CTF 2006 Prequal Walkthrough: Trivia
The Trivia category was mostly a challenge for exercising your Google-foo if you didn't immediately know the answer out-right.
100: "Hack the ______"
Either you immediately recognize this quote and can't stop yourself from shouting "Hack the planet!!", or you have no idea in the world what this could be. This is a quote from the uber-leet movie "Hackers". Google wasn't much help unless you fed it every 6-letter noun in the dictionary, and found that the correct phrase had about 250k search hits more than the others.
200: What was the final launch code at the end of CTF 2005?
If you were present at DefCon 2005 and stuck around until the end of CTF, you saw the launch code from "War Games". There were a few pictures of the scoreboard online, and Google could have helped a little in finding it.
300: A giant vat of chemicals is about to drain into the water supply. You have only a bar of chocolate, a piece of gum, and a spring to fix it with. But that's OK, because your name is...
Like 100, either you immediately knew the answer to this from spending too much time watching geeky TV like "MacGyver", or you had no clue on earth what was going on.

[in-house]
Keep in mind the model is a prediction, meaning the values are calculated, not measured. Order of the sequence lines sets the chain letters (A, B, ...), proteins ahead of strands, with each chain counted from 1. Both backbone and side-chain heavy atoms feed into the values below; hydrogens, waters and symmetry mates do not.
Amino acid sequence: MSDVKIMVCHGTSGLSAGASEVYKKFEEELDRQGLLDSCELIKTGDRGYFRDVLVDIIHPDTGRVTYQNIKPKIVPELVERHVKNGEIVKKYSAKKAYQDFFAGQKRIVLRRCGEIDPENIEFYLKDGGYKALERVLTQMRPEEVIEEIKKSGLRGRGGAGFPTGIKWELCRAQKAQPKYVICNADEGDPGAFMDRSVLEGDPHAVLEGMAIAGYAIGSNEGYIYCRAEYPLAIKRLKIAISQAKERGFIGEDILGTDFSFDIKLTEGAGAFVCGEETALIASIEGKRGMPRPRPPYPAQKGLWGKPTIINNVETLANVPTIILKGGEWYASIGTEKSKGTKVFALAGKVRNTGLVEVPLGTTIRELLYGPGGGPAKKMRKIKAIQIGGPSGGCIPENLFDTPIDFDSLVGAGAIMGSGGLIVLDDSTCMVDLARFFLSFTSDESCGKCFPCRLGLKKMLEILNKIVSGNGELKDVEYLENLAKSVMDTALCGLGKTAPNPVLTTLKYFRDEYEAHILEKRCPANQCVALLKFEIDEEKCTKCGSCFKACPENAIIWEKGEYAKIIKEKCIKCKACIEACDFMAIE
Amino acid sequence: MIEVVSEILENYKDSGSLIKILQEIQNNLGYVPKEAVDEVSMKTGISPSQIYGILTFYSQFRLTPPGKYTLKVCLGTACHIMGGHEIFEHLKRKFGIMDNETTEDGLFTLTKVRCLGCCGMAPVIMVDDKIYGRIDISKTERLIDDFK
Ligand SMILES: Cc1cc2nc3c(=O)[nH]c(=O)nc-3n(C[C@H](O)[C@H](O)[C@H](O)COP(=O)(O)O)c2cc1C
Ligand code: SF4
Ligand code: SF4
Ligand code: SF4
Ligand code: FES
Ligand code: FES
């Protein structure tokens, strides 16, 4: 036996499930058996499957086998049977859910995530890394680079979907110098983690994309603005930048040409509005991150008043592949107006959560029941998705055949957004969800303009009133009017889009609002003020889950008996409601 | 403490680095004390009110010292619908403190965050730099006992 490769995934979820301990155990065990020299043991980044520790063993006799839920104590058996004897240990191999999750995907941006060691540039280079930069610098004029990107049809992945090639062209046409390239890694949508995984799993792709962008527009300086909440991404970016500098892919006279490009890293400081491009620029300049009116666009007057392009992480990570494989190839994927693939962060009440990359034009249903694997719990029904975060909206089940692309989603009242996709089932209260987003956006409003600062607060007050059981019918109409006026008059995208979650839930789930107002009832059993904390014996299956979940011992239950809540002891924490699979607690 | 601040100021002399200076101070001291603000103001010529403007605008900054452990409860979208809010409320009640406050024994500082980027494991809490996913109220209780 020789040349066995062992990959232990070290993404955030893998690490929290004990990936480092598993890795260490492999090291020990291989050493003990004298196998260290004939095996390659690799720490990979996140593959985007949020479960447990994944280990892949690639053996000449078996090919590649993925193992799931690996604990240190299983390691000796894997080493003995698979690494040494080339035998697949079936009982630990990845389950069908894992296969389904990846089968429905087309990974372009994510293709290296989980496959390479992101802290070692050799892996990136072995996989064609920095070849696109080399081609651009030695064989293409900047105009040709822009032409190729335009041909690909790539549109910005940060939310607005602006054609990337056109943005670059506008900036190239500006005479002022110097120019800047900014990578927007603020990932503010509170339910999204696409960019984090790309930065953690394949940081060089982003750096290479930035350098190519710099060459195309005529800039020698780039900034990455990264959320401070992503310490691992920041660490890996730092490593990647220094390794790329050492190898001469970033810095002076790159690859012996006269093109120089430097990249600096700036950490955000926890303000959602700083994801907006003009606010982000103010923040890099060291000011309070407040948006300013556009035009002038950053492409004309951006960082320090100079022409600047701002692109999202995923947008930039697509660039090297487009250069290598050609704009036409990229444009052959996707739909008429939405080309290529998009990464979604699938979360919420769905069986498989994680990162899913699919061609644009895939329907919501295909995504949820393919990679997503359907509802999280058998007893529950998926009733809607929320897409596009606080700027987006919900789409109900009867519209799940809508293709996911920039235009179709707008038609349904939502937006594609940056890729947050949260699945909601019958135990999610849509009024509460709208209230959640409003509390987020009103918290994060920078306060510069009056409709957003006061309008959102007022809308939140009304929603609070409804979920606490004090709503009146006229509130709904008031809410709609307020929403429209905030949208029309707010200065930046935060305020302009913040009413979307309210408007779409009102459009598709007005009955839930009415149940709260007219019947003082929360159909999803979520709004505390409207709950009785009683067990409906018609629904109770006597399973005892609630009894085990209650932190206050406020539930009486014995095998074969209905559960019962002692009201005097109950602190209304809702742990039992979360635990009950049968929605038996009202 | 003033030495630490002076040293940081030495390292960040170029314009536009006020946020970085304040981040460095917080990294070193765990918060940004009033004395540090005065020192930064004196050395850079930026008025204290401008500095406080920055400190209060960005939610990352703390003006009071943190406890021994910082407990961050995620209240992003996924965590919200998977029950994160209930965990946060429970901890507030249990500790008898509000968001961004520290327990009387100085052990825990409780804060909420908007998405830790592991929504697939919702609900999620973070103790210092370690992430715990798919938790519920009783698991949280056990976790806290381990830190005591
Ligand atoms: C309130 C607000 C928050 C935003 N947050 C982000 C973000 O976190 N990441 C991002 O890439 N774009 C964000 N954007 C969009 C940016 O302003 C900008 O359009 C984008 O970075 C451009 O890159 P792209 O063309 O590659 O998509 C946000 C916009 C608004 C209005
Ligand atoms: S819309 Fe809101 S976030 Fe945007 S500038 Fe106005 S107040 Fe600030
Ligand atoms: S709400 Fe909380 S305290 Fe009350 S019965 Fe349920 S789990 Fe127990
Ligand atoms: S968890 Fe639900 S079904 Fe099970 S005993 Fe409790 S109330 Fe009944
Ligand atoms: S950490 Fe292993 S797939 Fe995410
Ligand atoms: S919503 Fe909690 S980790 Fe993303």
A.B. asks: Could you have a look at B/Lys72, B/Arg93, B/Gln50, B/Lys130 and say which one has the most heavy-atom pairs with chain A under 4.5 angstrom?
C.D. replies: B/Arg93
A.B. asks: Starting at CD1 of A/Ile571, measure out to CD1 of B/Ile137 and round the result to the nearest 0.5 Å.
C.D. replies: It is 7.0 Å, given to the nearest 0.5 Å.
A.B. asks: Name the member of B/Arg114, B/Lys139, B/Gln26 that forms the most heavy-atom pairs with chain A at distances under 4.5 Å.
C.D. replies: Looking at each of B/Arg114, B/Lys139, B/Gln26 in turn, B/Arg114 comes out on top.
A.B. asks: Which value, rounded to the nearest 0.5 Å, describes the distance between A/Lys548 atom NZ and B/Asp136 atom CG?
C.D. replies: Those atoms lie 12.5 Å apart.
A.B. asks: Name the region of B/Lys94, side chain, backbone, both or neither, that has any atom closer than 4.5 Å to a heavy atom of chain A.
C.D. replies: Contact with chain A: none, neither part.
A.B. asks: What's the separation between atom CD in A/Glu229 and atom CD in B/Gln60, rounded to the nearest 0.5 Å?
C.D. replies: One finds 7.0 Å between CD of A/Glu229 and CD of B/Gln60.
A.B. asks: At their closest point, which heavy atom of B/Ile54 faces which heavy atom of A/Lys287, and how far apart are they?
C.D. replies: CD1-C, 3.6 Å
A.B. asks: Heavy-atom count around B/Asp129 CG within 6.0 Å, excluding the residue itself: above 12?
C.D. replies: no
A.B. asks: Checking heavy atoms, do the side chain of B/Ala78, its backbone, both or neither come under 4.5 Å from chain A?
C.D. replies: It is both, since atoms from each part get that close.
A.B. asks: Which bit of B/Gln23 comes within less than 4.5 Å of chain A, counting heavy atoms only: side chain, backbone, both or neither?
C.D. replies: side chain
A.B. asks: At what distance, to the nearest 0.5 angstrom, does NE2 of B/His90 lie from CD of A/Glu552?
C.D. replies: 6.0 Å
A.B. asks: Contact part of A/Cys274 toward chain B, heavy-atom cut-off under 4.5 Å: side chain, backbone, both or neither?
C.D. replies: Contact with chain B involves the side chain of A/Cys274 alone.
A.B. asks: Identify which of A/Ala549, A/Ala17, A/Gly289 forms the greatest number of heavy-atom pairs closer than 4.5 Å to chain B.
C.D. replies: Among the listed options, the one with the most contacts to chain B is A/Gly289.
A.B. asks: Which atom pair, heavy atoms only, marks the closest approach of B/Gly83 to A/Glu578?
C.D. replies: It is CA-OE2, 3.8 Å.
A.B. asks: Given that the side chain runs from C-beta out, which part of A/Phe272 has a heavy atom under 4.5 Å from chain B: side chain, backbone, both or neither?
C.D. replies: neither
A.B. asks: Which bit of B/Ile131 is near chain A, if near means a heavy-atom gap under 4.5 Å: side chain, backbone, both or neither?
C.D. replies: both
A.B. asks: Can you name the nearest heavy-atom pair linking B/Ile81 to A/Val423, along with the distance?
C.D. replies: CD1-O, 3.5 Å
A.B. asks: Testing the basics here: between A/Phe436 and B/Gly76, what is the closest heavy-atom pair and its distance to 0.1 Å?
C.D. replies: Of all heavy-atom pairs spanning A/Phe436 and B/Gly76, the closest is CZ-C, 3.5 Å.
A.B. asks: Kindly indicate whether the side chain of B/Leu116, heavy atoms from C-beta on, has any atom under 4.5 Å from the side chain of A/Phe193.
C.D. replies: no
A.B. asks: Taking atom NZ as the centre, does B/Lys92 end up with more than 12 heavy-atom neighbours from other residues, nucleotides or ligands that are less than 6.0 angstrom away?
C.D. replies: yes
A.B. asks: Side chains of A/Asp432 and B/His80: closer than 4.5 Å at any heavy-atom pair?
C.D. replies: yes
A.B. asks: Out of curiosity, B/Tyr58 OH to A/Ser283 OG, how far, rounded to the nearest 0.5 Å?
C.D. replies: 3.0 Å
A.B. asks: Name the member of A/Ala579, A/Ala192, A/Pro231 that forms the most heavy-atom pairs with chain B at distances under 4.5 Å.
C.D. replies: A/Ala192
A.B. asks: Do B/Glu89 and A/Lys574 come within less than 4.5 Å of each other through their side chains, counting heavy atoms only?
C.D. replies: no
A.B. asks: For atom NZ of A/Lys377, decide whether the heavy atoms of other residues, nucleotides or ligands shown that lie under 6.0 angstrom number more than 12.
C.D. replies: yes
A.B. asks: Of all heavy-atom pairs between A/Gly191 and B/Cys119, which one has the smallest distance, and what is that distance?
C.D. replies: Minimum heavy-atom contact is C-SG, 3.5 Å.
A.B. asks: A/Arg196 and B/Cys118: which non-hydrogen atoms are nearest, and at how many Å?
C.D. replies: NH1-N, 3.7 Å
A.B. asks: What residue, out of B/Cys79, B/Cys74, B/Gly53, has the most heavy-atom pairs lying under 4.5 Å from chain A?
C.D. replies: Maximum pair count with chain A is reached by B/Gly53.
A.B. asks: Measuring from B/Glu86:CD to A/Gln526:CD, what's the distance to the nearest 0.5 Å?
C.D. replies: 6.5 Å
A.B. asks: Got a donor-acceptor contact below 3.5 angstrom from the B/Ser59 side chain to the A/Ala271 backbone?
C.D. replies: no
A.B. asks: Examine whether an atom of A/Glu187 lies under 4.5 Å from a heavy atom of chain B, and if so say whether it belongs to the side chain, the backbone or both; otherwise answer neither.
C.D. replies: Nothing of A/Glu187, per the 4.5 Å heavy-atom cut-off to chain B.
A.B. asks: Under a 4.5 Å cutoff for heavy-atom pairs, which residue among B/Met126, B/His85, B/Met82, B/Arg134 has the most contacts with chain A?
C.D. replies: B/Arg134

400: What is the only OS ever to receive an Orange Book A1 evaluation?
Google quickly recovered which kernel had received A1, but it took a bit more digging to find a good Orange Book OS list. Of course, it was the last one on the list.
A "more correct" answer would have been all of the following: Boeing MLS LAN, Gemini Trusted Network Processor, Honeywell SCOMP. We tried several combinations.
500: \xEB\xFE is to x86 as _____ is to PowerPPC (answer is 4 bytes)
This jumped out as an op-code comparison. First step was to figure out which assembly instruction it was:
$ echo -ne "\xEB\xFE" | ndisasm -
00000000  EBFE              jmp short 0x0
To compare this to another architecture, we needed to have a good description of specifically what this instruction does. The clearest description was "unconditional jump to relative offset returning to current instruction". Basically, loop forever.
PPC doesn't use "jmp" instructions; it uses "branch" instructions instead. While digging out the PPC assembly references, we generated a few branch instructions in assembly and fed them to a PPC compiler and stared at them in gdb. Soon we found "unconditional branch to relative address 0": "b $+0". Dumping the bytes, this was \x48\x00\x00\x00.

ctf 2006 prequals